Fig 3. Correlation between clinical features and mutation status in 53 NMI subjects.

(A) The proportion of subjects with 2, 3, or 4 organs affected; with heterozygous or mosaic mutations, or persistent NMI status. P = 0.003. (B) The number of major symptoms seen for each subject sorted according to mutation status. Note that differing levels of mosaicism have different symbols according to allele frequency (AF). (C) Age at the time of clinical evaluation, sorted according to mutation status. Het, heterozygous; Mos, mosaic. P values determined by chi square test (A) and Mann-Whitney unpaired test (B and C). Results with p < 0.05 are considered statistically significant.


Here we report on analysis of 53 TSC patients who had no mutation identified after conventional molecular diagnostic analysis of TSC1 and TSC2. We studied both blood and saliva DNA samples, and had one or more skin biopsies of TSC tumors from six subjects. We identified mutations in 45 of 53 subjects (85%). Mosaicism was seen for these mutations in the majority (26 of 45, 58%). Intronic mutations were unusually common, identified in 18 of 45 subjects (40%). Six subjects had coding region or consensus splice site mutations at full heterozygous allele frequency, apparently missed in earlier analyses.

Five of six subjects in whom skin tumors were biopsied for genetic analysis demonstrated a higher prevalence of the mutation in the skin biopsy than in blood or saliva DNA. This was expected given the hypothesis that the clonal fibroblasts giving rise to the skin tumor would have originated from the cells bearing the initial mosaic mutation. Secondary mutations were observed in all three of the skin tumors in which full NGS was performed, consistent with point mutation as a second hit event to eliminate normal function of TSC2. In one subject (P17), there was no enrichment for the mutation in the skin tumor biopsy, possibly due to the biopsy not penetrating the dermis (the site of the mutant fibroblasts), or the lesion not being a true TSC-related tumor.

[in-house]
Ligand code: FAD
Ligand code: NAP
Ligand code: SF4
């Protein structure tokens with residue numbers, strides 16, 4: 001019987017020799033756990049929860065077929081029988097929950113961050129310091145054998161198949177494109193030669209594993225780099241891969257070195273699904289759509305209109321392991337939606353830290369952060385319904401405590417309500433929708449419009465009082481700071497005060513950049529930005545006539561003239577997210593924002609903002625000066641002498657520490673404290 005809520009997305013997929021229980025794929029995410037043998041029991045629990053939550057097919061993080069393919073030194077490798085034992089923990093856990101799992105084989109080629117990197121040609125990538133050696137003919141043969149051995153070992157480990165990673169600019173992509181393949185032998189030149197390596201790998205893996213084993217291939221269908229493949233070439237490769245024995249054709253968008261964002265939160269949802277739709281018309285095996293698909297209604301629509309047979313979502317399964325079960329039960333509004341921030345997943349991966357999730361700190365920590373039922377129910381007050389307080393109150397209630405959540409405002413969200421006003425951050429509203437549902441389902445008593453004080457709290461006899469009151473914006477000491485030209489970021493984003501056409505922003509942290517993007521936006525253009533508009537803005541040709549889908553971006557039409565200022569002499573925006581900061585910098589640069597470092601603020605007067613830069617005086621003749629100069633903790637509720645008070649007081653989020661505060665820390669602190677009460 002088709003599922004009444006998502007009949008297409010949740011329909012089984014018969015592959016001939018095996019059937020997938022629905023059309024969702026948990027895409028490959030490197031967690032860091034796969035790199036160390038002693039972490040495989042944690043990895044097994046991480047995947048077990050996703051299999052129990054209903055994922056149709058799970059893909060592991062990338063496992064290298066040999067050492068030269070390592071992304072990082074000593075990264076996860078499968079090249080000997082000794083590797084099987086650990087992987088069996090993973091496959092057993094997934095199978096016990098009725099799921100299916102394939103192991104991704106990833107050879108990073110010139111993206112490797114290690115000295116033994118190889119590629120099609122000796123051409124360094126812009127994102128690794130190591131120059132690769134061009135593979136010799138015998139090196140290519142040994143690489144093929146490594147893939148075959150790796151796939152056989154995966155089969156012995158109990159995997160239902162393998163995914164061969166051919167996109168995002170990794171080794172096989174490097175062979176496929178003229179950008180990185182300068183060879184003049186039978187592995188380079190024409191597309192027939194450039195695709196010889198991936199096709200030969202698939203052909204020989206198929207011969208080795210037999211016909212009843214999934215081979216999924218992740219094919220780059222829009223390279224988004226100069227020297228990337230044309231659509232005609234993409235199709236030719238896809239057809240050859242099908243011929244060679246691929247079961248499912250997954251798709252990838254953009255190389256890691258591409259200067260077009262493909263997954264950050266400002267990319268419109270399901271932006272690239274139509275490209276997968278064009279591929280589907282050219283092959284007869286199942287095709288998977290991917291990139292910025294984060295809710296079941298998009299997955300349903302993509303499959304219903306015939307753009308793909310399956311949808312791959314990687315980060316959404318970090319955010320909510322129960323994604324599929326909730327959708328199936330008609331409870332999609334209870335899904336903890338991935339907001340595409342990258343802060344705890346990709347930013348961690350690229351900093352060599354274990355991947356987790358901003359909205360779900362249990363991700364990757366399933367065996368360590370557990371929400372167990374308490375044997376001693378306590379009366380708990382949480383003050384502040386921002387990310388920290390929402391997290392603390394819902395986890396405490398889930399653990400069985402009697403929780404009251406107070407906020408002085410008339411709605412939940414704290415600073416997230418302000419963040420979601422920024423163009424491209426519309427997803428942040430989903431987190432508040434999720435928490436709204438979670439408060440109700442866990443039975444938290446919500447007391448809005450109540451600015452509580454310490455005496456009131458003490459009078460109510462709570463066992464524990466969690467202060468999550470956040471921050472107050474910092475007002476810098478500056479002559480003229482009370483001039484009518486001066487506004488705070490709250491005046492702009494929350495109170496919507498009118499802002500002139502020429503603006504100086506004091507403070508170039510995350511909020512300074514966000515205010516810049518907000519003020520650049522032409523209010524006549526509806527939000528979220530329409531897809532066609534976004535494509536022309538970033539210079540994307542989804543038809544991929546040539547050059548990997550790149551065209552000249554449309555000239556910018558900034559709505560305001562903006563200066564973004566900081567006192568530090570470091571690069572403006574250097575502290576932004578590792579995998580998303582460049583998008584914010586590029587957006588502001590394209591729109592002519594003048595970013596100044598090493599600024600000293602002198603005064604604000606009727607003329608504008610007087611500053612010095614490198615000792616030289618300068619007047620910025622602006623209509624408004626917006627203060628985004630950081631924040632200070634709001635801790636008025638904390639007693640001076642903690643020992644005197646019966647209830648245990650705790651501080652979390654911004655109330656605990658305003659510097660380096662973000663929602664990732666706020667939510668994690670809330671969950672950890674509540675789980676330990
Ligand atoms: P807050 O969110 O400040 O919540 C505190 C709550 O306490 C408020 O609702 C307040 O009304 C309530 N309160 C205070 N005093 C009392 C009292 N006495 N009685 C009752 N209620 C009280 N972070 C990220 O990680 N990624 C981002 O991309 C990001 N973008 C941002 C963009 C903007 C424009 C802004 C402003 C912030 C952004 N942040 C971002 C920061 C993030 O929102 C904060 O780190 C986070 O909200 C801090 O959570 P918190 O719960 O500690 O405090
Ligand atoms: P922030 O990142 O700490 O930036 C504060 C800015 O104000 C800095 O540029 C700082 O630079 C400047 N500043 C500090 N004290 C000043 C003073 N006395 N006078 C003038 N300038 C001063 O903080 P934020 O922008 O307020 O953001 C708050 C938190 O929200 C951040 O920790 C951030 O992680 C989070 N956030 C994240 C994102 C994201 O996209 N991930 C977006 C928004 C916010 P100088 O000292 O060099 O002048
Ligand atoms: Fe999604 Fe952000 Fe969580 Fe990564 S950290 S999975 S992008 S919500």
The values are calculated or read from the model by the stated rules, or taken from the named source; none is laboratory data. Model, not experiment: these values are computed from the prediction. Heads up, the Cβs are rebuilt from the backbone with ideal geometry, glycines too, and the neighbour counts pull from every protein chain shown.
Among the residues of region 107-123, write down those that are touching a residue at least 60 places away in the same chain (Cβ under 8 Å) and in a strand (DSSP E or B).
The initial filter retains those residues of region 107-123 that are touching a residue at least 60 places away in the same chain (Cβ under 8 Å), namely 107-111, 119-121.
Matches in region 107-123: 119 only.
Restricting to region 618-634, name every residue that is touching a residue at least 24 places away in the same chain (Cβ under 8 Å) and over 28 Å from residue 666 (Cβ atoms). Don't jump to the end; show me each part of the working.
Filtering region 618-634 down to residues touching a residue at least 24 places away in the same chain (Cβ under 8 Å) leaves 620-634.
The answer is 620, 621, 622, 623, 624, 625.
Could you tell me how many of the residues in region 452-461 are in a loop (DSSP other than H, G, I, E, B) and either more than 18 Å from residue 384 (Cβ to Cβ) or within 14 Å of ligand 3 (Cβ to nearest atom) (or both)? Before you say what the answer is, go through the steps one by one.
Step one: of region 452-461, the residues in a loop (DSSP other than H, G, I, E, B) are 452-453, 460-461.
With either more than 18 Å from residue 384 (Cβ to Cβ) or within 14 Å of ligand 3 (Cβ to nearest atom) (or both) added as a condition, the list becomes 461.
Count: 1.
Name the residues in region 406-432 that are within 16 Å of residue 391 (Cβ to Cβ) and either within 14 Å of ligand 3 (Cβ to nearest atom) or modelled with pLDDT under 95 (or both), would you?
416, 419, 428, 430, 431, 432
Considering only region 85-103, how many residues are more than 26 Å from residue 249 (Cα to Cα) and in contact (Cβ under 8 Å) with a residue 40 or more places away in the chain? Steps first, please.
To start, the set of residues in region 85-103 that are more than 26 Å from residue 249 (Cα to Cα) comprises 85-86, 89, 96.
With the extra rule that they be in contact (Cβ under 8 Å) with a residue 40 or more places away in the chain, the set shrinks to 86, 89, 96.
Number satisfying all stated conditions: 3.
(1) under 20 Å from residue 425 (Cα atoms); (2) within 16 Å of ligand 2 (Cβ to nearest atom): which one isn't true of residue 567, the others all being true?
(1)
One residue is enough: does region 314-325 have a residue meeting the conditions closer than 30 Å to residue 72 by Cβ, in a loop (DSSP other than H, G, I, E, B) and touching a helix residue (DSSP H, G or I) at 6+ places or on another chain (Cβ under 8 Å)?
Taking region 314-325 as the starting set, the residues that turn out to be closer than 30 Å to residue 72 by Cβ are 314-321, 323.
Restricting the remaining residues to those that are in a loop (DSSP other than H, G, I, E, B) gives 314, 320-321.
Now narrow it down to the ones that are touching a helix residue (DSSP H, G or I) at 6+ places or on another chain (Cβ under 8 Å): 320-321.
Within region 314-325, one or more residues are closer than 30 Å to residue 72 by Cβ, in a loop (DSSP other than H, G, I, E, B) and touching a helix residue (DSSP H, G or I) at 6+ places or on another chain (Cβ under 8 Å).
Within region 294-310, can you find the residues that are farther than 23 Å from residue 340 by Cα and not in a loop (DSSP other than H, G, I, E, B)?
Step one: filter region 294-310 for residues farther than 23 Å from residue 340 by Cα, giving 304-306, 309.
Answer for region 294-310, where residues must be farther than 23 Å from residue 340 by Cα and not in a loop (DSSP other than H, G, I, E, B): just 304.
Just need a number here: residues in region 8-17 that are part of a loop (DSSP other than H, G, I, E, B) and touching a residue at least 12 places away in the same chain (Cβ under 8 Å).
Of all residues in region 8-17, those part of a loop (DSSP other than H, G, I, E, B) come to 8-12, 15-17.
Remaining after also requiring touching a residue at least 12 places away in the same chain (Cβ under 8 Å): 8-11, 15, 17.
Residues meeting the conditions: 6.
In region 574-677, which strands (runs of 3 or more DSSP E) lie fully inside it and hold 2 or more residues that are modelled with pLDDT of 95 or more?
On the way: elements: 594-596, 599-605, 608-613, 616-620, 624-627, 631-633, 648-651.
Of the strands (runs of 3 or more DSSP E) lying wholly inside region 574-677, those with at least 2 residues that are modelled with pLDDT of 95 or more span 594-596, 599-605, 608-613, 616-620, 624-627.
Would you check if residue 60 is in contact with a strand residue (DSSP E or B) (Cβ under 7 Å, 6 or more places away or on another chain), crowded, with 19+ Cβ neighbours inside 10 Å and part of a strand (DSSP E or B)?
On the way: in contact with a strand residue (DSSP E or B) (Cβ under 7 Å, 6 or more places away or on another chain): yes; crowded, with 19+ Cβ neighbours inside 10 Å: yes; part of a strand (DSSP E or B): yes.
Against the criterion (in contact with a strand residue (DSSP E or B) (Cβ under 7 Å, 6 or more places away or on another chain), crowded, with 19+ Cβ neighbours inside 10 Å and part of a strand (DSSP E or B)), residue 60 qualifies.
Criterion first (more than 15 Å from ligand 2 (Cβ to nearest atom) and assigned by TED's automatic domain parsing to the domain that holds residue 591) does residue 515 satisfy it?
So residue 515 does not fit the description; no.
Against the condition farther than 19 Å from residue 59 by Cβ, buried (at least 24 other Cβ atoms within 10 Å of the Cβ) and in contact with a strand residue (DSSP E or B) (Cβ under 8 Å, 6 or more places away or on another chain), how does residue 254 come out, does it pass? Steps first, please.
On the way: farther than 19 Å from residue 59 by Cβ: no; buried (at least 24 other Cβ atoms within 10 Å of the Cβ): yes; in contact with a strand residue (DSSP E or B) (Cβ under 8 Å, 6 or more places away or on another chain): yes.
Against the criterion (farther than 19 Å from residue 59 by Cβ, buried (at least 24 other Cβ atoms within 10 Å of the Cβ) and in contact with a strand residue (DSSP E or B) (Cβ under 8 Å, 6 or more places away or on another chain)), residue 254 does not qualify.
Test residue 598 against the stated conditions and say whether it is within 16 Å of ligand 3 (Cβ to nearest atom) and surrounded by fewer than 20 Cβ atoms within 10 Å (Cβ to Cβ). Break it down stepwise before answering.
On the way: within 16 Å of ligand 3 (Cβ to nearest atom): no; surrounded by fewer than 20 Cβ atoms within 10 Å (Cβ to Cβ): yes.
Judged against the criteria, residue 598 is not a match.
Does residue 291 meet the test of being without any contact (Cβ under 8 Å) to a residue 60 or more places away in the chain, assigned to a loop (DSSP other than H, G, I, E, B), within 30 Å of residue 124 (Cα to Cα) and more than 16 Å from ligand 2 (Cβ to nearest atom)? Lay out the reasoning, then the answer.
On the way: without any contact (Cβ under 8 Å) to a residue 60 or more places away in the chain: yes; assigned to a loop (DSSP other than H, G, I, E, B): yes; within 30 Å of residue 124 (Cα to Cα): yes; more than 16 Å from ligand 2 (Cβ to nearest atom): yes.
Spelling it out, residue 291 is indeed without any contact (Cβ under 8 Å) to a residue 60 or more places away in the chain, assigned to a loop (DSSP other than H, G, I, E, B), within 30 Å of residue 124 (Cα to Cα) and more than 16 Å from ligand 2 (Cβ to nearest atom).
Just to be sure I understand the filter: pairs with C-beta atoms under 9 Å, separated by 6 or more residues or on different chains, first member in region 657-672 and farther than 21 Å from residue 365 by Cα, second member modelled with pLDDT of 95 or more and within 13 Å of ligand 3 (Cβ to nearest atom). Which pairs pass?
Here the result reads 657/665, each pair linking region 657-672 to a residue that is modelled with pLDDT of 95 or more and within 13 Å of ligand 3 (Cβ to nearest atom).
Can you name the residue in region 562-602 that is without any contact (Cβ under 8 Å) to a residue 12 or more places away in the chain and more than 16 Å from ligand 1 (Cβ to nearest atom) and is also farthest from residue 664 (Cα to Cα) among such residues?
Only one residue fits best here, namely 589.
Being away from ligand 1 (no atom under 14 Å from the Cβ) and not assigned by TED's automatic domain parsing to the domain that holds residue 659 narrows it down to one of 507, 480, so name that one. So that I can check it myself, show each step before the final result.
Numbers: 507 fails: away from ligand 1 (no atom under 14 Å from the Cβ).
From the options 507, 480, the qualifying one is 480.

Deep intronic mutations have been identified in multiple genes causing Mendelian disorders, and in some cases make a significant contribution to the total mutation burden [2931]. Further, several deep intronic mutations have been identified in TSC, all involving TSC2 [26,32,33]. In this study, we identified intronic mutations in 18 subjects, of which 15 did not affect nucleotides in canonical splice site motifs. Intronic mutations seen in five of these 15 subjects (33%) were completely novel, to our knowledge, while the mutations in the remaining 10 had been seen previously, although several did not have definitive information in regards to pathogenicity. Splice site mutations overall account for about 9% of all TSC1 mutations and 16% of all TSC2 mutations [3], whereas they accounted for 40% of the mutations identified in this set of NMI subjects, indicating that they are a main contributor to lack of mutation identification in the TSC NMI population.

Somatic (generalized) and germline (confined gonadal) mosaicism for TSC1 and TSC2 mutations have been described in many TSC patients and their parents, respectively [15,16,20,3441]. Mosaicism was reported in 26% and 15% of TSC patients from two series who had large genomic deletions and rearrangements in TSC1 or TSC2 [41,36]. However, somatic mosaicism has appeared to be much less common than this for small mutations in TSC1 and TSC2 [10,15,34,38,4244]. Indeed our previous analysis of TSC NMI subjects using an early NGS technique identified mosaic mutations in only two of 38 (5.3%) [45]. Here we identified mosaic mutations in 26 of the NMI subjects studied, of which 17 (65%) were observed at an allele frequency < 5%, five at an allele frequency < 1%, and two were identified in skin tumor biopsies only and were not seen at appreciable frequency in blood or saliva DNA. These results indicate that mosaicism is much more common in TSC than previously appreciated. The majority of mosaic mutations would have been missed using conventional Sanger sequencing or NGS with low read depth. The occurrence of what we call ‘extreme mosaicism’ with representation of the mutant allele at less than 1% in saliva or blood DNA is particularly notable. Mosaicism is well-known in many tumor suppressor gene syndromes, and has been described in particular detail for NF2 [46]. More than 25% of sporadic cases of NF2 are mosaic, with the mutation often detected only in tumor material and not in lymphocyte DNA [47,48]. Since the NMI category has represented about 15% of the TSC population in the past, our finding of mosaic mutations in half (26 of 53) of these individuals suggests that mosaicism occurs in at least 7.5% of individuals presenting with TSC.